Napolitano gave this forthright assessment of the danger posed by al Qaeda one day after President Barack Obama announced his decision to send 30,000 additional U.S. troops to Afghanistan and warned that agents have been "sent here from the border region of Afghanistan and Pakistan to commit more acts of terror."
The Homeland Security Secretary made her remarks to the America-Israel Friendship League in New York, saying that a recent spate of domestic arrests related to terrorism should "remove any remaining comfort that some might have had from the notion that if we fight the terrorists abroad, we won't have to fight them here." This goes against the line of reasoning put forth by Obama’s predecessor, George W. Bush, who used it to justify the foreign wars he launched.
"The fact is that home-based terrorism is here. And like violent extremism abroad, it is now part of the threat picture that we must confront," Napolitano declared. "Individuals sympathetic to al Qaeda and its affiliates, as well as those inspired by their ideology, are present in the U.S., and would like to attack the homeland or plot overseas attacks against our interests abroad."
Napolitano gave the example of Najibullah Zazi, an airport shuttle driver in Denver who was arrested in September after allegedly receiving al Qaeda training in Pakistan. Zazi allegedly tested homemade bombs like those used in the 2004 Madrid transit bombings and then drove from Denver to New York. He is facing charges of conspiring to use weapons of mass destruction.
In a separate case, U.S. prosecutors in October accused David Headley, a Chicago businessman, of conspiring with members of Lashkar-i-Taiba, an extremist Islamic group in Pakistan allied with al Qaeda, to plan terrorist attacks in Denmark and India.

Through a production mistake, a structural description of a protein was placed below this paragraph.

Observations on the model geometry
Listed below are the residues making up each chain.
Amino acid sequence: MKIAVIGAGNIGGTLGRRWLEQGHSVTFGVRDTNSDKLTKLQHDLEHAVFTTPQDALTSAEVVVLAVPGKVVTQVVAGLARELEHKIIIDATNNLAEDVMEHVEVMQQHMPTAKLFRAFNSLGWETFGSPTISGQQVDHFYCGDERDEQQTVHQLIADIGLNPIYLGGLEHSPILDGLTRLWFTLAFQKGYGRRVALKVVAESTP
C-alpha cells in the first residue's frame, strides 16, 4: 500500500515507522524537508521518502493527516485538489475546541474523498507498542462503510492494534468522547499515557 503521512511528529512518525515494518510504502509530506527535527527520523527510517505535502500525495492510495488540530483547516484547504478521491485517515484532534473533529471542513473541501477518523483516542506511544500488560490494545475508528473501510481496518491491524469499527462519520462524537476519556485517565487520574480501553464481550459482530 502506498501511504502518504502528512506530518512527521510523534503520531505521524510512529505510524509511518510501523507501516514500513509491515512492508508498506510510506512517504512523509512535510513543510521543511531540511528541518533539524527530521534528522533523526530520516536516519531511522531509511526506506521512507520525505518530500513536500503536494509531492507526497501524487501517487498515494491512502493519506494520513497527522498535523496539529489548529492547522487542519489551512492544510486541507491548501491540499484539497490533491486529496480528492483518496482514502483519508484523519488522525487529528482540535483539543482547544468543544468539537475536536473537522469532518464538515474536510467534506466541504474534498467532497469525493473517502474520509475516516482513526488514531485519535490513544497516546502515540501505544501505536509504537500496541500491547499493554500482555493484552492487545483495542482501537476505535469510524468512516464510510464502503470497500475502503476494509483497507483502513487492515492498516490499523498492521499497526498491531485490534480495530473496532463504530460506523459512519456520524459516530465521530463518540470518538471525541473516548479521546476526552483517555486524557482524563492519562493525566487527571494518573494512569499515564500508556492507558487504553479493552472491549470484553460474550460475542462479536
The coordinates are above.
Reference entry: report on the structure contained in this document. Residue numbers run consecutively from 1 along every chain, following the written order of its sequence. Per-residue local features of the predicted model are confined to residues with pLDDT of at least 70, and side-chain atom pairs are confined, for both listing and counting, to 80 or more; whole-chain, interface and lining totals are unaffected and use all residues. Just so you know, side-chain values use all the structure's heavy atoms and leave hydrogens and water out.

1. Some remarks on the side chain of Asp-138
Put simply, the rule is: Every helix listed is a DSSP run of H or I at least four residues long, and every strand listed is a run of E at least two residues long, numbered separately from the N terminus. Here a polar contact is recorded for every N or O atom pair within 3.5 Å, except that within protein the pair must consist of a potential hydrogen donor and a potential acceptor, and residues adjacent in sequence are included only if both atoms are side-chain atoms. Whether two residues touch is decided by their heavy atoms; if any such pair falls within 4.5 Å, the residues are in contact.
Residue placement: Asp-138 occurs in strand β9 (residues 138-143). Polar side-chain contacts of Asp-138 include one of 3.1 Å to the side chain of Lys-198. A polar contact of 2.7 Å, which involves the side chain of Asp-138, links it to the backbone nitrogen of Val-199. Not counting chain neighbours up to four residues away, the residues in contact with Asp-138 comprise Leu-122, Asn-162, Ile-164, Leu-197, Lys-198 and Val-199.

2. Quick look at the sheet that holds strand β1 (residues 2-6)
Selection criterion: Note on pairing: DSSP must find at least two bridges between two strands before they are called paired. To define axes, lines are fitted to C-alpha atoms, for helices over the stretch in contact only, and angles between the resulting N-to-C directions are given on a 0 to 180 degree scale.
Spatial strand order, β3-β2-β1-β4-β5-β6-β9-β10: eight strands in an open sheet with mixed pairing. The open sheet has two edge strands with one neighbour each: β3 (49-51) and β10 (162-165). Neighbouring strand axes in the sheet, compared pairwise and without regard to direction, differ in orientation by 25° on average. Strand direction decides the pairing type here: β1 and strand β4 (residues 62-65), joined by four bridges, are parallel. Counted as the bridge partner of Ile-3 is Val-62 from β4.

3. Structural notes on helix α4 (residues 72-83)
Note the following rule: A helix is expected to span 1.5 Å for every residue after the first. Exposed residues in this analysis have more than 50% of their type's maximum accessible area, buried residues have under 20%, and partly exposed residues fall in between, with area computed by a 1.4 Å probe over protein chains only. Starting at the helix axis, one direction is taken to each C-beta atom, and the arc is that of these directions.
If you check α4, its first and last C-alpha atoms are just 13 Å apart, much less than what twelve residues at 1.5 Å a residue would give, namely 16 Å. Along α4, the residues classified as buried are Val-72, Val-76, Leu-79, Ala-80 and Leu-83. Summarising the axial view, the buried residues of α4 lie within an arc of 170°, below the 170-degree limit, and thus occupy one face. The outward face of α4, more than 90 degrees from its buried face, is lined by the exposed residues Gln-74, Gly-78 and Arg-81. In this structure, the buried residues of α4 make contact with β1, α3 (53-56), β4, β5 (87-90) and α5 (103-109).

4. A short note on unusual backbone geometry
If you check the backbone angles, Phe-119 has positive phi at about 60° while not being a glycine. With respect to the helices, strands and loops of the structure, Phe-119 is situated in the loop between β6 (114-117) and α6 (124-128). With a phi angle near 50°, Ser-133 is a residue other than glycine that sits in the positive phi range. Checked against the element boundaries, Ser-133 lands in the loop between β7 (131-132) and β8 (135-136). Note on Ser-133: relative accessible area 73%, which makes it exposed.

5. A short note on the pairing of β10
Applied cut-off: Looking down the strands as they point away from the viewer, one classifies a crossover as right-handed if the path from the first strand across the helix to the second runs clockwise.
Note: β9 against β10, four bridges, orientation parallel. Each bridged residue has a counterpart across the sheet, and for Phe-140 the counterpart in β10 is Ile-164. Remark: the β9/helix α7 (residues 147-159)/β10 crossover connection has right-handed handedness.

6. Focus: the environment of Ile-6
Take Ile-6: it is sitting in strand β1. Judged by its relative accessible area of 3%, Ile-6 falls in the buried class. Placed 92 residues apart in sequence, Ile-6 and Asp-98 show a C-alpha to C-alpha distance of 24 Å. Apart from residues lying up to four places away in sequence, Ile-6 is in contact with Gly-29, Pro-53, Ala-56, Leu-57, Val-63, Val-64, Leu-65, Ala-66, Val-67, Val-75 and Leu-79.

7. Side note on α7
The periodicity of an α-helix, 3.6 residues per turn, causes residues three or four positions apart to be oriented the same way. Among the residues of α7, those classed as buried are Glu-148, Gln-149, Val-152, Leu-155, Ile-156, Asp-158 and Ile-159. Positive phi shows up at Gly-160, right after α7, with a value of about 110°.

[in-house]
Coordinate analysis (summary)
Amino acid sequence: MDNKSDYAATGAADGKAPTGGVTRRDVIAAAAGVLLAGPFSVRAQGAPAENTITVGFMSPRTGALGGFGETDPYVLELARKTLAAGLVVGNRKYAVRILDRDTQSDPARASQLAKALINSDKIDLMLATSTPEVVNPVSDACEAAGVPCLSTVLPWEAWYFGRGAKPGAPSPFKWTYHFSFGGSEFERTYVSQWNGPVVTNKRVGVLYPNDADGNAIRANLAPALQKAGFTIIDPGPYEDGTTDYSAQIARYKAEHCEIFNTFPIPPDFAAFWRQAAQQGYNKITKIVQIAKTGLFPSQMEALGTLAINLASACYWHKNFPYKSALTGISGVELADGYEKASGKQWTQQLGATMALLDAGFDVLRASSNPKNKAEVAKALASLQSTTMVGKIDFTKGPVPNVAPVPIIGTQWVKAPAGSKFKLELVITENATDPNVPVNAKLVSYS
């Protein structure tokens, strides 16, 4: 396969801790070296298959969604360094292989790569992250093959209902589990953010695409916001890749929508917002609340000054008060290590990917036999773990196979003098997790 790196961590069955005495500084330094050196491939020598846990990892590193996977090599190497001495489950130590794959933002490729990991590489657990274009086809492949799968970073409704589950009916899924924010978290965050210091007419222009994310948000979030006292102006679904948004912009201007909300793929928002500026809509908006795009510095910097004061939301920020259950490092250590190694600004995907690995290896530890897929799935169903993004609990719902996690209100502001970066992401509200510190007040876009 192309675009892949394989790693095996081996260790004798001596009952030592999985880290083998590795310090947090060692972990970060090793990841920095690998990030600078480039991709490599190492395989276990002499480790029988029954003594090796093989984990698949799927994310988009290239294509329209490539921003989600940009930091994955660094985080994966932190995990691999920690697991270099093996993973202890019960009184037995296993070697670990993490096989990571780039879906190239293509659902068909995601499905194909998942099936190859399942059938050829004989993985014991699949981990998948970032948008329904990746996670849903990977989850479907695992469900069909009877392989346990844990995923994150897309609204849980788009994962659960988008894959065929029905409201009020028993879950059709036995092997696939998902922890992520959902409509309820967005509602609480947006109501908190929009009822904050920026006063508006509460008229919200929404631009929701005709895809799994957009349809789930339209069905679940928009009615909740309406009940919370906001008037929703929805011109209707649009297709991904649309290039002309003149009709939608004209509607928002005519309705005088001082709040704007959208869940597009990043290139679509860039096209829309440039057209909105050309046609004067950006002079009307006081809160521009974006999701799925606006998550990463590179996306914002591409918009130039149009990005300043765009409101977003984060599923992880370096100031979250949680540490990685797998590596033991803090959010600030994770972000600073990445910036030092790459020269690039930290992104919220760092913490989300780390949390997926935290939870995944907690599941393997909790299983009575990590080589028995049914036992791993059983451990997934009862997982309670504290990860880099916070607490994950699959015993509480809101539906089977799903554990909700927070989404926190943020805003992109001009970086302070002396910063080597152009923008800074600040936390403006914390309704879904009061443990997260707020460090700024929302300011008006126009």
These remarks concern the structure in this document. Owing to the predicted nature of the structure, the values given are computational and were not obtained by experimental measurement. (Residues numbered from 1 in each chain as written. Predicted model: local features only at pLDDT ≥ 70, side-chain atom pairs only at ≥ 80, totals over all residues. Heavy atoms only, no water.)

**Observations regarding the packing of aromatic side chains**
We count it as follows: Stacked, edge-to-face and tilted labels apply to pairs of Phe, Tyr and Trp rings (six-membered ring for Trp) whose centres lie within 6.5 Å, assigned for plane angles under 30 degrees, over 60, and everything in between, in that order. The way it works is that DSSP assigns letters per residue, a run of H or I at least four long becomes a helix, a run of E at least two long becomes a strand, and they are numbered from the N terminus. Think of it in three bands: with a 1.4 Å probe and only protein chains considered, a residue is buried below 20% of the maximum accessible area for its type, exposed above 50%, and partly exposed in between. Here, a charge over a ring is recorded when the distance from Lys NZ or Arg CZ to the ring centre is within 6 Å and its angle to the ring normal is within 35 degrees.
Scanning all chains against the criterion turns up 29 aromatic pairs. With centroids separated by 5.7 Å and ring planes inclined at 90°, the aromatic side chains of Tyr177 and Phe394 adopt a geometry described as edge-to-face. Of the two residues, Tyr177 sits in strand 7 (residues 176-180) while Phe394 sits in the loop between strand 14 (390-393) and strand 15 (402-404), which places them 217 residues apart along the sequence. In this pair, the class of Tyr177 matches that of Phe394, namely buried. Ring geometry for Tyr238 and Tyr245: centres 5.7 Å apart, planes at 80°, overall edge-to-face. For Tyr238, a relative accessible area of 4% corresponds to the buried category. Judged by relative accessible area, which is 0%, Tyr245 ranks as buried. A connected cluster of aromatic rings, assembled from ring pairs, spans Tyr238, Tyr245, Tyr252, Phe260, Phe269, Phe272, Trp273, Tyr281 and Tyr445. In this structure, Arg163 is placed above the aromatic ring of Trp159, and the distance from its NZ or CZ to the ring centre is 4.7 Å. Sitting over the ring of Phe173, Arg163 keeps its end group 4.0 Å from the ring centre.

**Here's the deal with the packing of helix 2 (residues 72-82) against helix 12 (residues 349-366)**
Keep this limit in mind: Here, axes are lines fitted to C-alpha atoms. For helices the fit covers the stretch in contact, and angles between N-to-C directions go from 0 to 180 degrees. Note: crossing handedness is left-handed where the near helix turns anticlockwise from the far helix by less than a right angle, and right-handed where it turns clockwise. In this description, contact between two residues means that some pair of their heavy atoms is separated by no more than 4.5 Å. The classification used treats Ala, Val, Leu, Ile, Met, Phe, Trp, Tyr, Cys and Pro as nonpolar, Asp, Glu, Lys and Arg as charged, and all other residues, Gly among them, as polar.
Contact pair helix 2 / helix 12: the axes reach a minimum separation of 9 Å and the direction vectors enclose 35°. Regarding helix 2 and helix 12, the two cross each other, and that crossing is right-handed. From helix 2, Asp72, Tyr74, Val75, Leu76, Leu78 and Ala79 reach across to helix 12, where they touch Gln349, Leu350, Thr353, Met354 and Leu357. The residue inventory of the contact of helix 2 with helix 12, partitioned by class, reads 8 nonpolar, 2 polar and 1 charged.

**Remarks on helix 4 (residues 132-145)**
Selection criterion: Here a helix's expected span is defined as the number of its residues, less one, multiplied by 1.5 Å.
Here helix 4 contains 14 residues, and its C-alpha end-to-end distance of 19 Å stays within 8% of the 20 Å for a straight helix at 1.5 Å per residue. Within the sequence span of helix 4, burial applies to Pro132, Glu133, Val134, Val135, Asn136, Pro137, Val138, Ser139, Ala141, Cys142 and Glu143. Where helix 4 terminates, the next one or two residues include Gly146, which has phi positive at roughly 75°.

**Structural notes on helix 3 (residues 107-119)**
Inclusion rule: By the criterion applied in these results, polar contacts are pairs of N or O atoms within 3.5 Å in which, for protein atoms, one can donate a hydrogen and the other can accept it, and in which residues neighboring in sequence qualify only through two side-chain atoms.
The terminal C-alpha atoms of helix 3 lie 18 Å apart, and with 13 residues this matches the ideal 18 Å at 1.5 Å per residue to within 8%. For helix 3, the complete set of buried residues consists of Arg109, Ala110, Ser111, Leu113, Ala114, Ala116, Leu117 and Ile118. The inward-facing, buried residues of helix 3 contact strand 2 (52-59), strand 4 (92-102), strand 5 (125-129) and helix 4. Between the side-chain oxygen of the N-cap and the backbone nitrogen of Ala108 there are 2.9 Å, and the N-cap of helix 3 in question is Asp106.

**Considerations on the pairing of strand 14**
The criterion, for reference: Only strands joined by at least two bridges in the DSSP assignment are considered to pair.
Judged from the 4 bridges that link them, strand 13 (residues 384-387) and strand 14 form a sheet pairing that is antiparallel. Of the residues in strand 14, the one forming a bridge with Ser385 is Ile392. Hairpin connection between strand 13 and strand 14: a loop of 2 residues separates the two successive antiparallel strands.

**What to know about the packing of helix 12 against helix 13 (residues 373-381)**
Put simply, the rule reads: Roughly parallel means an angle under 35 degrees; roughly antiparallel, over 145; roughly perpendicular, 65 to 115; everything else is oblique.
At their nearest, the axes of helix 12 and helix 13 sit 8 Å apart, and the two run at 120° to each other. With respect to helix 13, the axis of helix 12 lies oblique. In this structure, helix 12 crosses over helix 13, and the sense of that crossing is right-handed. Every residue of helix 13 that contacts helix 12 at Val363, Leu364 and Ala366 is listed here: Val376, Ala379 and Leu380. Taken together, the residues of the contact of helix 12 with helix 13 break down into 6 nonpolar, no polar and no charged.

A U.S. counterterrorism official pointed to Zazi as "the first concrete case" since 9/11 of al Qaeda sending operatives to the United States for the purpose of carrying out a terror attack. Intelligence analysts have long believed the threat existed, but the counterterrorism official noted it had so far failed to materialize.
"The surprising thing is Zazi is the first," the official said. He referred to Zazi's contacts with al Qaeda’s central leadership as being "at most one step removed."
Here is an example that waging foreign wars will not keep America safe from terrorism. Homeland Security Secretary Napolitano’s own words about the falseness of “the notion that if we fight the terrorists abroad, we won't have to fight them here,” prove that Obama’s decision to send more troops to Afghanistan is not going to make America safer.
In fact, the more countries of the world our men and women in uniform occupy, the more recruits there will be to swell the ranks of terrorists. Every accidental civilian death — an unavoidable consequence of war — represents the potential for extremists to recruit new members who will be motivated to seek revenge through terrorism.
The more U.S. troops in these foreign lands, the more targets we give to the enemy. Only by returning America’s brave warriors to their home soil can we keep them out of unnecessary danger and stifle terrorist recruitment.
Photo of Secretary Napolitano: AP Images